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Notes from a small business: Being the boss

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If you didn’t like your old boss, just wait until you meet the new one, warns Guy Browning. Prepare to discover your inner drill sergeant

Very occasionally, when you’re running a small business, you pause. Maybe you’re waiting outside for a delivery. Or you’re having a cup of coffee while your computer does one of its needy little updates.

Or maybe you’ve just got a rush job out of the door.   

But whatever it is, you pause. Then for some reason you remember your old boss. You remember the shouting, the impossible demands, the lack of understanding of your basic needs as a human being and, more than anything else, you remember the continual relentless pressure to perform. As you sip your coffee and think back, you have a brief terrible thought. ‘You know, that wasn’t so bad. Not compared with the boss I have now.’ Which, of course, is you. 


People who run their own businesses are the toughest bosses of all. Try asking yourself for a small pay rise and listen to the gales of laughter from yourself. A few days off for a nice holiday? Who are you kidding – do you think the business runs itself? Maternity leave? OK, but be back tomorrow. If I was you, I wouldn’t want to work for you. Funnily enough, after a while, other people will want to work with you and then you discover that no one is going to work for as tough a boss as you, except for you. 

Working for yourself is a beautiful combination of demanding boss and difficult employee. Self-employment causes the development of a mild schizophrenia: you have a shouty drill sergeant boss in your head that gets you out of bed, and a soft little minion who prefers life under the duvet. If you’re going to succeed by yourself, you need to pay very close attention to the shouty drill sergeant. He’s the one that pays the bills. 


One of the low points of working for a big company, having a boss and all that malarkey, is the 360-degree appraisal. This is where you are evaluated by your boss, your peers and your reports. The closest you get to a 360-degree experience in a small business is being pulled in all directions at once. On the bright side, you do get free business advice from friends, family and everyone around you as if they were all fresh from their MBA at Harvard.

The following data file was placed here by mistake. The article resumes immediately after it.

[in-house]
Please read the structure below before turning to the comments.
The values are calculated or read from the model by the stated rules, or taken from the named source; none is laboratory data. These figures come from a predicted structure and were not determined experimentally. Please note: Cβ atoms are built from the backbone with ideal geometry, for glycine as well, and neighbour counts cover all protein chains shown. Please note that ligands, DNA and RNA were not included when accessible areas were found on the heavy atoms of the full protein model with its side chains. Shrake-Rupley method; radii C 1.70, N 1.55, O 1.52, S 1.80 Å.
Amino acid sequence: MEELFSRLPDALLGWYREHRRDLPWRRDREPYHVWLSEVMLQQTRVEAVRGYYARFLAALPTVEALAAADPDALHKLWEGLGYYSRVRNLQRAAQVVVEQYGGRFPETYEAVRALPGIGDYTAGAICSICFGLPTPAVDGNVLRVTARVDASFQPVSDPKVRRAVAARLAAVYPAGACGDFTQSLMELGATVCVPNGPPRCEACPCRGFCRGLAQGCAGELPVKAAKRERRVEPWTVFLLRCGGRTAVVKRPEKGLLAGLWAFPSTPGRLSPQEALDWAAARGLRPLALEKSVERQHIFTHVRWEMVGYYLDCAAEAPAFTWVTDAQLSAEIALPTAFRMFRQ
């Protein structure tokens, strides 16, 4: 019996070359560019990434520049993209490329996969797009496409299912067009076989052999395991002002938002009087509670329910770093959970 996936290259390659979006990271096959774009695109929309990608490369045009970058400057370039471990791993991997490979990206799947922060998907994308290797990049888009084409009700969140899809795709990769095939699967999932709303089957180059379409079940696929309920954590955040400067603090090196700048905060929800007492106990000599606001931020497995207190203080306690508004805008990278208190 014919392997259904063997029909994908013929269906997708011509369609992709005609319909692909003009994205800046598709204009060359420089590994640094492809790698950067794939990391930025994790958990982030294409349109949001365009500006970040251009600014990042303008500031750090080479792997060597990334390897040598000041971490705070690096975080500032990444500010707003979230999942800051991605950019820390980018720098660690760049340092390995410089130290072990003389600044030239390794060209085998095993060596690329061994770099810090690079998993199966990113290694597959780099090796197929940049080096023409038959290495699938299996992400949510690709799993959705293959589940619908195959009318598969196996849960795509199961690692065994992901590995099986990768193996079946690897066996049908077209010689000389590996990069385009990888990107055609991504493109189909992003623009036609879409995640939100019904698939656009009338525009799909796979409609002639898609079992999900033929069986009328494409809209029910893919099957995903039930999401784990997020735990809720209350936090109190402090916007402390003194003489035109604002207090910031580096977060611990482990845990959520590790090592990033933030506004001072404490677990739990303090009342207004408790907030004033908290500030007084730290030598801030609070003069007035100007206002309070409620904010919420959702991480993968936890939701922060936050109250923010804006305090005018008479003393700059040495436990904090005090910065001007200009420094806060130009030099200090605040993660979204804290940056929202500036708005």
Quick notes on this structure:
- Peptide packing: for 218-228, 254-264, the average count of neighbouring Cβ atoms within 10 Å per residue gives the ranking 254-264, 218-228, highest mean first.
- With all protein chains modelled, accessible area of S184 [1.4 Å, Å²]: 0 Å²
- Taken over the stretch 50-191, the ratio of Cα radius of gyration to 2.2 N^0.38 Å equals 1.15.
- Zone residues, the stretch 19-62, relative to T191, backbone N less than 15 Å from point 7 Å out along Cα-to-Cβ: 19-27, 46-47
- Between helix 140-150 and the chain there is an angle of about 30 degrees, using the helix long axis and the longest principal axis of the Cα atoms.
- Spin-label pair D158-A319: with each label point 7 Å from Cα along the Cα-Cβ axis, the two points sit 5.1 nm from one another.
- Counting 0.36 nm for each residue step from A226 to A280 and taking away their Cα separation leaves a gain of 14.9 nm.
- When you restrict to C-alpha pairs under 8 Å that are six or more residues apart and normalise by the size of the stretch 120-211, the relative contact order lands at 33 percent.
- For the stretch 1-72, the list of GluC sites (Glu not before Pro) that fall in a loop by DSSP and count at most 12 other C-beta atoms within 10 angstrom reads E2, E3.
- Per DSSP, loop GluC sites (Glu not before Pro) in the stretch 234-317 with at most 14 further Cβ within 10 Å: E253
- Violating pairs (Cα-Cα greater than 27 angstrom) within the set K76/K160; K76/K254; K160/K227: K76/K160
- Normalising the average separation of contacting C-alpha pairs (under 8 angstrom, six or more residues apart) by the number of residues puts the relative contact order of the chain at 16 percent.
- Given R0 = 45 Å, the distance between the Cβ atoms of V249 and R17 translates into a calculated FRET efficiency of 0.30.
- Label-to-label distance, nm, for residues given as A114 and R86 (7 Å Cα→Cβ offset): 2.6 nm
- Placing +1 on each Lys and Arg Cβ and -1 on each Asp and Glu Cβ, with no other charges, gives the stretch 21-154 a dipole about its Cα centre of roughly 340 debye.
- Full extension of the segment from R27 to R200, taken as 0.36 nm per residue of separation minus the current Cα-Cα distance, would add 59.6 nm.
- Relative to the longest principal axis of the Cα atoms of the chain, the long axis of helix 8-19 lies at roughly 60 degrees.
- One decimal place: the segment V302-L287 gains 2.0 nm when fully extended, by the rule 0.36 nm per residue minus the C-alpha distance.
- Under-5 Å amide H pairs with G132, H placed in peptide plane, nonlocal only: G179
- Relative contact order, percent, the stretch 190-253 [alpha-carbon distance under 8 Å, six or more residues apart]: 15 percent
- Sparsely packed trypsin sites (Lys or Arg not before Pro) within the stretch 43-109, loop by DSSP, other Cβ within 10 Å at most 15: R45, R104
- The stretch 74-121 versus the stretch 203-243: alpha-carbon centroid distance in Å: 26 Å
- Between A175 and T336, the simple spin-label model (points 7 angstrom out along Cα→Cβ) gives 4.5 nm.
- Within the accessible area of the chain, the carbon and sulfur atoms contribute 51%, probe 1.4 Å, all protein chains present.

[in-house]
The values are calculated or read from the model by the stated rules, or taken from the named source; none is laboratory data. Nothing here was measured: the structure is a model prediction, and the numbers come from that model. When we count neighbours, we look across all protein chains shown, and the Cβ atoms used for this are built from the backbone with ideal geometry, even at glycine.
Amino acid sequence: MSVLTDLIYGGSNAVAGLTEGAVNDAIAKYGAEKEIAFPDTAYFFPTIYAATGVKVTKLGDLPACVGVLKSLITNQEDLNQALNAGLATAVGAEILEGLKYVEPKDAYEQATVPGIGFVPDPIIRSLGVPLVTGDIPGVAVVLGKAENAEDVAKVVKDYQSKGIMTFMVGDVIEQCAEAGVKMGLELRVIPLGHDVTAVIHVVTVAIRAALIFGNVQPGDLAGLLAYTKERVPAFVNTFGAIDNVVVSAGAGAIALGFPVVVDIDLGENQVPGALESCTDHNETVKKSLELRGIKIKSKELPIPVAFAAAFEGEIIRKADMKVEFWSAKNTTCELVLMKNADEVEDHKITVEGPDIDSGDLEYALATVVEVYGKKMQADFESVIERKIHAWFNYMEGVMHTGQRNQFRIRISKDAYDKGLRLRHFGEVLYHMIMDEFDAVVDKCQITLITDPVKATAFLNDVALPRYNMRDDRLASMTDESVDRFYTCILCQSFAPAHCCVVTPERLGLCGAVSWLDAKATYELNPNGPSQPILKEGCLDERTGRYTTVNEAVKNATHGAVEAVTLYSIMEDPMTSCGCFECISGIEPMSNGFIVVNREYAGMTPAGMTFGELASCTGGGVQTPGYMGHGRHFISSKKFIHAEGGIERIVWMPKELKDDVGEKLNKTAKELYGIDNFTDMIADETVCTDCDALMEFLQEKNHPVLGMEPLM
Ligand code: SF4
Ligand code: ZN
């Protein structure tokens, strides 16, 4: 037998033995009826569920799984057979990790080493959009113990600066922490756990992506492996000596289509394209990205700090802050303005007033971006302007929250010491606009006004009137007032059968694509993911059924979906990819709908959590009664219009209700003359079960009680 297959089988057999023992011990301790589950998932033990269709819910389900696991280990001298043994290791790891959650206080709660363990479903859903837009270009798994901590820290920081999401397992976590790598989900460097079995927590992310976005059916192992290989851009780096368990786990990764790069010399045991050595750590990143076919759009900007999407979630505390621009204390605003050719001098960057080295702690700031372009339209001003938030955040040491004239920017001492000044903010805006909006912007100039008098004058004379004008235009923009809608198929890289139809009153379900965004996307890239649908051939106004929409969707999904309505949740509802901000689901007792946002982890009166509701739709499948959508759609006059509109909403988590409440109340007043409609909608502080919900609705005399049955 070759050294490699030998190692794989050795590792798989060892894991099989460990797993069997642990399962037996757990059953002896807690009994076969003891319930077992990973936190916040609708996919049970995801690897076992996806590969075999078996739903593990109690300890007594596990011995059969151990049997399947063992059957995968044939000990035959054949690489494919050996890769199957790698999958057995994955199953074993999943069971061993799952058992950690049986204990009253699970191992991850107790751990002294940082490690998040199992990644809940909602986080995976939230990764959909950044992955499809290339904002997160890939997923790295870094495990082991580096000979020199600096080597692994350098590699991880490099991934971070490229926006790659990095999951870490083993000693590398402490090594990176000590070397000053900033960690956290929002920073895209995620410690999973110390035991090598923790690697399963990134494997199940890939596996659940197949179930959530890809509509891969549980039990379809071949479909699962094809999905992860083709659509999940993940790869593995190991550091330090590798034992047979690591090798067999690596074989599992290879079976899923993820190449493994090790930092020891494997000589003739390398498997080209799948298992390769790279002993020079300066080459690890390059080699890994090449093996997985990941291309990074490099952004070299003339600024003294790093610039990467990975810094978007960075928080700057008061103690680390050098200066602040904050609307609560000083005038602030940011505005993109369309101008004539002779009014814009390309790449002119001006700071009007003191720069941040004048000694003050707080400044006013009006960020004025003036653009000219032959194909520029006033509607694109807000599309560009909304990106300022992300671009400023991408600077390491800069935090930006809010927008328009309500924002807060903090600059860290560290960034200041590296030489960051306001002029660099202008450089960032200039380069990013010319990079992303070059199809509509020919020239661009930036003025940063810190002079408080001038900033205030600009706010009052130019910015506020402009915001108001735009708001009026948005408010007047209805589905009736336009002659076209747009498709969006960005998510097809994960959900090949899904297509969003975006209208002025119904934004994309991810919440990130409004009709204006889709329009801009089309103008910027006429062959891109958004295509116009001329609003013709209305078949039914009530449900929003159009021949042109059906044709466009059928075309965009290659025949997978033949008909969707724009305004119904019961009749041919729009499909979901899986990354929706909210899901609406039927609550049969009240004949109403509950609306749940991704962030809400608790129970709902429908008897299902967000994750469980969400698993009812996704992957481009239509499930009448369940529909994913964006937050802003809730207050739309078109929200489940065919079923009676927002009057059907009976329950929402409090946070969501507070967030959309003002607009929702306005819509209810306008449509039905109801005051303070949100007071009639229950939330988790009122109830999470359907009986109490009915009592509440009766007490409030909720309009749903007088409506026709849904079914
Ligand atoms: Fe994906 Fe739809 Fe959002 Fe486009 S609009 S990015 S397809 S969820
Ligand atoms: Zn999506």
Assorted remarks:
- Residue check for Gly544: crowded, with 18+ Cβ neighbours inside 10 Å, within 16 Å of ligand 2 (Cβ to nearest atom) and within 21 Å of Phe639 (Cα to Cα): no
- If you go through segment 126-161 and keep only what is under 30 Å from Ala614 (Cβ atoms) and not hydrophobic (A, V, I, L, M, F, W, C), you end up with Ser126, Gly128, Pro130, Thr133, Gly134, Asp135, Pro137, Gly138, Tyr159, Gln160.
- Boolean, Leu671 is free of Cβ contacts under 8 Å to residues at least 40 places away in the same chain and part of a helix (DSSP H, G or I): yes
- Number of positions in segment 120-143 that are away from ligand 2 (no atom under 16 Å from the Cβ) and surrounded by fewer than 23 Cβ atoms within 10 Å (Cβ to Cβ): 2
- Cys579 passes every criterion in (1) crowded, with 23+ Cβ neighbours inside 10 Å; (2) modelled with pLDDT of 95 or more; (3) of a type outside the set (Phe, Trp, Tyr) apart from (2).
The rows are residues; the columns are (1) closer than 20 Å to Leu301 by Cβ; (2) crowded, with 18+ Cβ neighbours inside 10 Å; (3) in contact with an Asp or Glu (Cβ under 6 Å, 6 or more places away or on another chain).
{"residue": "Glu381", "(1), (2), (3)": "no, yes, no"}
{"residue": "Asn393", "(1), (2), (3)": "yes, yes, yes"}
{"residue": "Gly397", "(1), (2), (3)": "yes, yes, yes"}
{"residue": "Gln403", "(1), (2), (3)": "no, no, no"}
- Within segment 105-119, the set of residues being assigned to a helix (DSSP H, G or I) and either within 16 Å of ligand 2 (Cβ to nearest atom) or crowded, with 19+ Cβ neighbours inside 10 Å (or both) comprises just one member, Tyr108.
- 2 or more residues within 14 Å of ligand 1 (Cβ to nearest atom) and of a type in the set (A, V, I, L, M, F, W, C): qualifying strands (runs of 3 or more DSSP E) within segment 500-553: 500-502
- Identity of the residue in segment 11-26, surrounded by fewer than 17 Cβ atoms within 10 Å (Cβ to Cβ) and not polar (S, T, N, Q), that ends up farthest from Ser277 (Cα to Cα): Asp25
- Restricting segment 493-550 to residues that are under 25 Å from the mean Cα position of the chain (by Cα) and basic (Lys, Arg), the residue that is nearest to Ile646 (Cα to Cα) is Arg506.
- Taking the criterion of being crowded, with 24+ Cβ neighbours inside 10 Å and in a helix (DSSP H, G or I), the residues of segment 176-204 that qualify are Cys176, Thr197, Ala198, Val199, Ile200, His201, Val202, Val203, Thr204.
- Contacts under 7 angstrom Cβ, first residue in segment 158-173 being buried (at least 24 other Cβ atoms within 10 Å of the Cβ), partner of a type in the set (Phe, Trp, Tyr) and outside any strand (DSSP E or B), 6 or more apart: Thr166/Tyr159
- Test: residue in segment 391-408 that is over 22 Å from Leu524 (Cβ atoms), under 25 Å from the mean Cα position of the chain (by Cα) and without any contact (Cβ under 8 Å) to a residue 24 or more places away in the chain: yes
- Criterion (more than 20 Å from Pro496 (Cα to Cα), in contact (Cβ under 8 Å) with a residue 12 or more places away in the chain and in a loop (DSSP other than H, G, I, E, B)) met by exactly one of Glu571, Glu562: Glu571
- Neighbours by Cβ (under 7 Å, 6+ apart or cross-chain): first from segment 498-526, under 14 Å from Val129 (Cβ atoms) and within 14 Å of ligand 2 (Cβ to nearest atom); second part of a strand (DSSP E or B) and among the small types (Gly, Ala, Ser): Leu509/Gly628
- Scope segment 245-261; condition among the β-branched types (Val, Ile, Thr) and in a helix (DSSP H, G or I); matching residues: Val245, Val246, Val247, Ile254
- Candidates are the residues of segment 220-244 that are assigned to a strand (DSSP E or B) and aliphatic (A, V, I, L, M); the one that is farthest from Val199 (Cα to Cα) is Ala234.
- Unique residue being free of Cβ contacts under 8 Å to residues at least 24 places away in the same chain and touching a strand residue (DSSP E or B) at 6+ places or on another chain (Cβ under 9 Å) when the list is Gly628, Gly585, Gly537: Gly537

Eventually you learn that the only place you’re going to get a frank and totally honest assessment of how your business is going is from your accounts. That little figure on the bottom line will tell you either that you’re a disastrous fantasist with a short and bleak future, or a natural entrepreneur with the Midas touch. Thankfully, what you won’t be getting from your spreadsheet is any nonsense about you needing to create a supportive learning environment with your matrix-managed team. 


After a few years of paying your own way and running your own business, you realise that you will never go back to a big company and a big boss. That’s probably just as well, because by this time you have become virtually unmanageable. But a quick word of warning here: when your company finally gets bought out by venture capitalists for billions of pounds (it’s inevitable – brace yourself), on no account agree to carry on working for your new bosses. No amount of money is worth having to go through that again. 

When you’re completely sure that you’ll always be your own boss and that you’ll never answer to anyone ever again, that’s probably also the point when you really understand for the first time that there’s only ever one boss that matters: the customer. And they’re the most demanding boss of all.


Guy Browning is a writer, film director, after-dinner speaker and author of Never Hit a Jellyfish With a Spade